As early as 2014, the definition of the connected city given by the European Parliament in its report "Mapping Smart cities in the EU" was quite clear:
"A city seeking to address public issues via ICT-based solutions on the basis of a multi-stakeholder, municipally based partnership".
Sustainable development as a goal, social inclusion as a model
The energy and ecological transition, decarbonisation commitments, ageing infrastructure, pressure from urban housing demand... are all reasons that lead cities to build a roadmap to increase their intelligence. Gordon Falconer analysed the sustainability goals of many cities around the world before concluding that many of them were common. This is the case, for example, of Monaco and New Delhi, who share about 70% of their objectives centred on improving air quality, waste management, mobility, etc.
Furthermore, while the smart city undoubtedly contributes to social well-being, the question of social inclusion arises. Gordon Falconer believes that an intelligent city can be a source of inspiration for a whole country, a sort of showcase or model towards which all these cities could strive. It is attractive, it appeals and thus creates wealth with the declared desire to take part in social inclusion.
The Covid-19 pandemic has served as an accelerator to act differently and build a more sociable, more resilient, but also more resistant and more human city.
With the spread of telework, e-health, e-education, etc., the need for adaptability has further increased the use of technology and connectivity in all urban centres.
The role of technology companies
According to Gordon Falconer, the technological evolution of smart cities is based on a systems approach and is part of a broad ecosystem. In a centrifugal movement, companies propose their innovative ideas to local and then regional and federal authorities. The approach varies by region, regulatory structure, governmental and regional structure...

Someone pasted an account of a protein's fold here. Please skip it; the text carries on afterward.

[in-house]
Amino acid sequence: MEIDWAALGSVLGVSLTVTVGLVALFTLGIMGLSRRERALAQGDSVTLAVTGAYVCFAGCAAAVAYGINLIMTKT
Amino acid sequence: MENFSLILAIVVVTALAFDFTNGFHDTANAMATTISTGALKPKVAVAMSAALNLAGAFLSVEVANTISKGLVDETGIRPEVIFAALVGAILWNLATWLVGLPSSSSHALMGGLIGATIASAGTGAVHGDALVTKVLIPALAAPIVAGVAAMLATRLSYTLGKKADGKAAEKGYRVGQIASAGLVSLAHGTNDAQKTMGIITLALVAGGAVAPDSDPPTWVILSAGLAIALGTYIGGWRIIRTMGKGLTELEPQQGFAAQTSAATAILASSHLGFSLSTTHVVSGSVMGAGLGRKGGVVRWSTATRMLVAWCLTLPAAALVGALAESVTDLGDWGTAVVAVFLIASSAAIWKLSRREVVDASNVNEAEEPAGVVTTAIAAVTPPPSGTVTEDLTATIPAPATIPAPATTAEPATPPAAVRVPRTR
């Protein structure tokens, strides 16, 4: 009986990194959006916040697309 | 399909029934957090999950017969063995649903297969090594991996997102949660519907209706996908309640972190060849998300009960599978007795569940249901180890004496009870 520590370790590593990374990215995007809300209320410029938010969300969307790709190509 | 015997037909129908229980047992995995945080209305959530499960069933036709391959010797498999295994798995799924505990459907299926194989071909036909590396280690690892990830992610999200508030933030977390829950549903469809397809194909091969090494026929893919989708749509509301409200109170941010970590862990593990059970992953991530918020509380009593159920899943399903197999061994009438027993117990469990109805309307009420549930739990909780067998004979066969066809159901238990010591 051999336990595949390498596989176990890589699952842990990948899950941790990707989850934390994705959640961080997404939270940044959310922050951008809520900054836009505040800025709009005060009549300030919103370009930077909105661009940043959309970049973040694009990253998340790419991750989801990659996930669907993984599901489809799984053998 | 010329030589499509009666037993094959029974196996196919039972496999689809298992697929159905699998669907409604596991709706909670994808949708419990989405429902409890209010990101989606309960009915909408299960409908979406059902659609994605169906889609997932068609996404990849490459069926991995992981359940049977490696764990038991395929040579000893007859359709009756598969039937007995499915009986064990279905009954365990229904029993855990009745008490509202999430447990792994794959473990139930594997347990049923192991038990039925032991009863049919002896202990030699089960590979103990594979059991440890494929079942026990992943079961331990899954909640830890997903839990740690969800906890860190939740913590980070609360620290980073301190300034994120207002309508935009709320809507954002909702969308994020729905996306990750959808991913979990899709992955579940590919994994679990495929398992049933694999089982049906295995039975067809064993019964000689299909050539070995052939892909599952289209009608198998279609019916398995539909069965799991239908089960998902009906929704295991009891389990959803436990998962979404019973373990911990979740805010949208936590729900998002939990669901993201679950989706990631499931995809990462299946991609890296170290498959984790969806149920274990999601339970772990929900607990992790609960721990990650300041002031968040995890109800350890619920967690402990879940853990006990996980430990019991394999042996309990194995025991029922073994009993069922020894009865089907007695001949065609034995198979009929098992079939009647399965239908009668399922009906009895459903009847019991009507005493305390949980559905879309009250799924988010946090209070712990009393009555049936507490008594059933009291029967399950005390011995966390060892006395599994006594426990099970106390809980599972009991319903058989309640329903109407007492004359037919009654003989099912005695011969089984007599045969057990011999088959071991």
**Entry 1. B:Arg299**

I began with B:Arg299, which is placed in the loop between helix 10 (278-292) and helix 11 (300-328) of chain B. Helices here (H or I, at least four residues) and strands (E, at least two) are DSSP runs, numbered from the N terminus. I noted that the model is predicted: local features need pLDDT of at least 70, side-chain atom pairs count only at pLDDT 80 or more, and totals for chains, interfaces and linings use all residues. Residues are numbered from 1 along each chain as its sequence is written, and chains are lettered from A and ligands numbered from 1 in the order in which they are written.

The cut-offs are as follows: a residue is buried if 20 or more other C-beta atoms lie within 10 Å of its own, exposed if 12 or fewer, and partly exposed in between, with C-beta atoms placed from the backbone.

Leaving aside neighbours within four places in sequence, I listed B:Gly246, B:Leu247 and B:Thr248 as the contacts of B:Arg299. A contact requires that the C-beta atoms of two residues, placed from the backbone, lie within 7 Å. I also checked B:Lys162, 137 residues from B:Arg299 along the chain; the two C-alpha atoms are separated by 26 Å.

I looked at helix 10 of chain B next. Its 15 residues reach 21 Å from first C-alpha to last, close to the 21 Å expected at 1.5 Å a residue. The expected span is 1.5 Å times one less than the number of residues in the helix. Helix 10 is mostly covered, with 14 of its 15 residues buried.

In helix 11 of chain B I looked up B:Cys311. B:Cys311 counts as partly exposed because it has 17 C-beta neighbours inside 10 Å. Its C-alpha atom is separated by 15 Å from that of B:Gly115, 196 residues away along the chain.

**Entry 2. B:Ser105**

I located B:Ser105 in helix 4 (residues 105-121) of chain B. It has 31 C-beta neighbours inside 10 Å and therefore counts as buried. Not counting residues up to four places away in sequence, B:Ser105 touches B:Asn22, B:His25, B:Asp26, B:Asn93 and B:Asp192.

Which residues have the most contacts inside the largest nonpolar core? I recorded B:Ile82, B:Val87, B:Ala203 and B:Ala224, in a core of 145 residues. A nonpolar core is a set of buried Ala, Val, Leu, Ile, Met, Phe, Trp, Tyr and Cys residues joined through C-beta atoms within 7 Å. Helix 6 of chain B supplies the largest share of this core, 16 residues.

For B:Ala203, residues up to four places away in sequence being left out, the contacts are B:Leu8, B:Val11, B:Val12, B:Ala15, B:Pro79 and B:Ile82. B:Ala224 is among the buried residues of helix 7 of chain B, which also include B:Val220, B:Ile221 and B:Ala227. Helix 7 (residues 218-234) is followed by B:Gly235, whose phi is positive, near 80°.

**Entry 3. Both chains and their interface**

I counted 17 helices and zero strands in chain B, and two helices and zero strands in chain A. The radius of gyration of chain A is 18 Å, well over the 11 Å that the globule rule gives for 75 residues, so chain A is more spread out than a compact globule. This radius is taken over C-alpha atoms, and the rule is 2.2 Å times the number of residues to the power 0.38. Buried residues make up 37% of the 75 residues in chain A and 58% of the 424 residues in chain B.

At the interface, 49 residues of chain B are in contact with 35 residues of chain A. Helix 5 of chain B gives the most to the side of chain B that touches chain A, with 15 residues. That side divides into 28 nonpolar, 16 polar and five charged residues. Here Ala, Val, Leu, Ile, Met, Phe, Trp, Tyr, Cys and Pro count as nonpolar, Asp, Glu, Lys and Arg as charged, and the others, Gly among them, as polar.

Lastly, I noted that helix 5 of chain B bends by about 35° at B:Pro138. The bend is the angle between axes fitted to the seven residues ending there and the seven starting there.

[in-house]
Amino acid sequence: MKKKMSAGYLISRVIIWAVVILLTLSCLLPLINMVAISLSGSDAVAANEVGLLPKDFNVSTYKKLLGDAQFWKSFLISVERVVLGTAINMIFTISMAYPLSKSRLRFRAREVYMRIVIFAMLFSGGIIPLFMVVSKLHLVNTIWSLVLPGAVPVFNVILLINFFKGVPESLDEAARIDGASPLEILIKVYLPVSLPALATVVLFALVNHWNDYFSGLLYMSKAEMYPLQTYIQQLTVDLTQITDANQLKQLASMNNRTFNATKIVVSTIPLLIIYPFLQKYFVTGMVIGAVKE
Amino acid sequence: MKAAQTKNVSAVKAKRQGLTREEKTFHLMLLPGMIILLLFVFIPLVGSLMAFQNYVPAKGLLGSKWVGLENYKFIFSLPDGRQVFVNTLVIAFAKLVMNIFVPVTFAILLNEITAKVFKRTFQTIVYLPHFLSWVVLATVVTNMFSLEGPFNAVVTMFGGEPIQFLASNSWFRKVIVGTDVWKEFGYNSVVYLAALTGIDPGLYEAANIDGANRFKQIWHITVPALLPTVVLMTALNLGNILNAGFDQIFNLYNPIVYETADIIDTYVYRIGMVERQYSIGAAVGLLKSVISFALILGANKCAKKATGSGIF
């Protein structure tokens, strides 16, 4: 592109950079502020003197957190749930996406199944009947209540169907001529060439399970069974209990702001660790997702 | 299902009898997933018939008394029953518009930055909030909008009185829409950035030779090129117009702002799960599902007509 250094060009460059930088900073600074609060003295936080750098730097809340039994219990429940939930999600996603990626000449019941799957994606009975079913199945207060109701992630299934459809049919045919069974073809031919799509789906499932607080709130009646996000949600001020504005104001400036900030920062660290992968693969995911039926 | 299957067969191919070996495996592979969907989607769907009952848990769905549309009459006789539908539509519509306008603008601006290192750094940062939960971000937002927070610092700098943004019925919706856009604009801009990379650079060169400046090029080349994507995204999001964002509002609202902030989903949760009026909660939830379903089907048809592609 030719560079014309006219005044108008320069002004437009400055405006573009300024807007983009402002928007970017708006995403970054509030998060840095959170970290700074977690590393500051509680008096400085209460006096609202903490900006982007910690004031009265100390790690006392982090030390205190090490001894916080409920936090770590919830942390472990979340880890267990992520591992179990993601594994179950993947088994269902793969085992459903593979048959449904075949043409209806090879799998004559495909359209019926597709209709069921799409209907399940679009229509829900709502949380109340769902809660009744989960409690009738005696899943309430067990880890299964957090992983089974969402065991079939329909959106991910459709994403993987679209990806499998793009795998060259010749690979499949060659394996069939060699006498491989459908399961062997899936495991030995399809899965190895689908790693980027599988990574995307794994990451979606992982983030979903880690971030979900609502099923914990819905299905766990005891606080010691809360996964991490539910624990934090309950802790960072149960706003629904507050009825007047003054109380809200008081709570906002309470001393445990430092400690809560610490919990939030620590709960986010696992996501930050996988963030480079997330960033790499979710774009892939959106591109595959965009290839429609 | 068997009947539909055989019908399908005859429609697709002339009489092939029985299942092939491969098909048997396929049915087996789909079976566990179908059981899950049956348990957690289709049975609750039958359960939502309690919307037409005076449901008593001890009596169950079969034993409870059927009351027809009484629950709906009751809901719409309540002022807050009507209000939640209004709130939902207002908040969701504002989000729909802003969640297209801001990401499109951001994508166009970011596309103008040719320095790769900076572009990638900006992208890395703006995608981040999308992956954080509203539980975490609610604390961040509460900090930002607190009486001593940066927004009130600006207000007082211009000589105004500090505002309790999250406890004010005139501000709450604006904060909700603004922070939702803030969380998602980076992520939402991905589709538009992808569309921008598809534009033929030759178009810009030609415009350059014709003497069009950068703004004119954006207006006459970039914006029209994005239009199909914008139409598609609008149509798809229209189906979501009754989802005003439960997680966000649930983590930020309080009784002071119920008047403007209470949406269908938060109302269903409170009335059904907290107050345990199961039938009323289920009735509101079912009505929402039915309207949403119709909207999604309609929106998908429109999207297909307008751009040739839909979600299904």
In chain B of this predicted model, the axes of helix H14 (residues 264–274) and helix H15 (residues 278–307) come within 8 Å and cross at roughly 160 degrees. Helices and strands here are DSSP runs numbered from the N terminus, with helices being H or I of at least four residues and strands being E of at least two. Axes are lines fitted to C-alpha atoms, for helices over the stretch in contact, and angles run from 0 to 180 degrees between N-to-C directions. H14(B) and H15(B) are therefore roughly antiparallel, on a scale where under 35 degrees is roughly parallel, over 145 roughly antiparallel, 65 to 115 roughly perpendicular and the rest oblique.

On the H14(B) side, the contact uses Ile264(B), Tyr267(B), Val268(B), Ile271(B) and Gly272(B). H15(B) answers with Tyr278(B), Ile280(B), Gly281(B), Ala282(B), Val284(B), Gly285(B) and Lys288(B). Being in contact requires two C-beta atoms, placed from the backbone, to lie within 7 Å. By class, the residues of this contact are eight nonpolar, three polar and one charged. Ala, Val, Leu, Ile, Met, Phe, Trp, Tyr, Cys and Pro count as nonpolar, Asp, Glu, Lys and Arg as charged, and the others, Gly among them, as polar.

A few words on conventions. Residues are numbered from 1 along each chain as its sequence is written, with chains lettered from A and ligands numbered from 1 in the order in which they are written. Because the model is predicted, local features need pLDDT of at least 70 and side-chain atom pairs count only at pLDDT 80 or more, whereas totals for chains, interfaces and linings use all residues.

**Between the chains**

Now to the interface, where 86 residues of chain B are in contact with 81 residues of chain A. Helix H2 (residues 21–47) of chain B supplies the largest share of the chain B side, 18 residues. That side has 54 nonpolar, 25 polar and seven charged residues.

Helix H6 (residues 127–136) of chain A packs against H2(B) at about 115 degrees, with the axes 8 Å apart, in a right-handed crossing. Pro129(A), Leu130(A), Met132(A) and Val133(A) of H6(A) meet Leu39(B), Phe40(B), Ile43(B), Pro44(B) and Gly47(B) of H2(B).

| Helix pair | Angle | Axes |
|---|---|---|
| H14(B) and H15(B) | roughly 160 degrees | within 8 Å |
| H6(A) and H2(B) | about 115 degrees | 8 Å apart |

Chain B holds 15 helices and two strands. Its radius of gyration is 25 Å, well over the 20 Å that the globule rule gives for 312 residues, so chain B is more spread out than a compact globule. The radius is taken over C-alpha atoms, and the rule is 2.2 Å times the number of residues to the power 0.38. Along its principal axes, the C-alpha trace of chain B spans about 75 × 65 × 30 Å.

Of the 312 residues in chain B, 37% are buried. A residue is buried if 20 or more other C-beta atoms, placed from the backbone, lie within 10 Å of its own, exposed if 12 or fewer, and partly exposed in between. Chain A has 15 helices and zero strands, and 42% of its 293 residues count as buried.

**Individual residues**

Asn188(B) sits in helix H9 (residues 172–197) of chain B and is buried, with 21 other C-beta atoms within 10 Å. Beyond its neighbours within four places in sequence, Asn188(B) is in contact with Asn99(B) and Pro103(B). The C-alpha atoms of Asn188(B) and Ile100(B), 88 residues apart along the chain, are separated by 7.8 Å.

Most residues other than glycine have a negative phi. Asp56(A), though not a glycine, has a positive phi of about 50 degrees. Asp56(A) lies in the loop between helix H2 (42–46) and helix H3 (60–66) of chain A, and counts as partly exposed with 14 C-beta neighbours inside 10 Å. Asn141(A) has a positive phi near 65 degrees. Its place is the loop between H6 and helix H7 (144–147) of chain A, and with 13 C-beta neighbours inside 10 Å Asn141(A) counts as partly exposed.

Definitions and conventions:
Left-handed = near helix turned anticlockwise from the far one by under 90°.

The market is considerable and the fields of application multiple, given the needs of infrastructure improvement or replacement, energy sobriety, circular economy, waste management, data processing. Technological intelligence is a means and not an end to achieve a smart city, which requires substantial funding.
Many companies, especially start-ups, are positioning themselves in the growth sectors of connectivity, traffic, security, soft mobility, energy, water management, urban planning, etc., as are the university research centres and schools that are sometimes based in the heart of these smart cities. These are all opportunities for investors and private equity professionals to participate in the changes that are taking place and to be able to measure the impact produced in concrete terms.
For example, according to a 2018 McKinsey study (Smart cities: Digital solutions for a liveable future), a smart and connected city could reduce the number of criminal incidents by 30 to 40%, save each person 15 to 30 minutes of daily travel time, save 25 to 80 litres of water per person per day and save 30 to 100 lives each year in a city of more than 5 million inhabitants.
February 18, 2022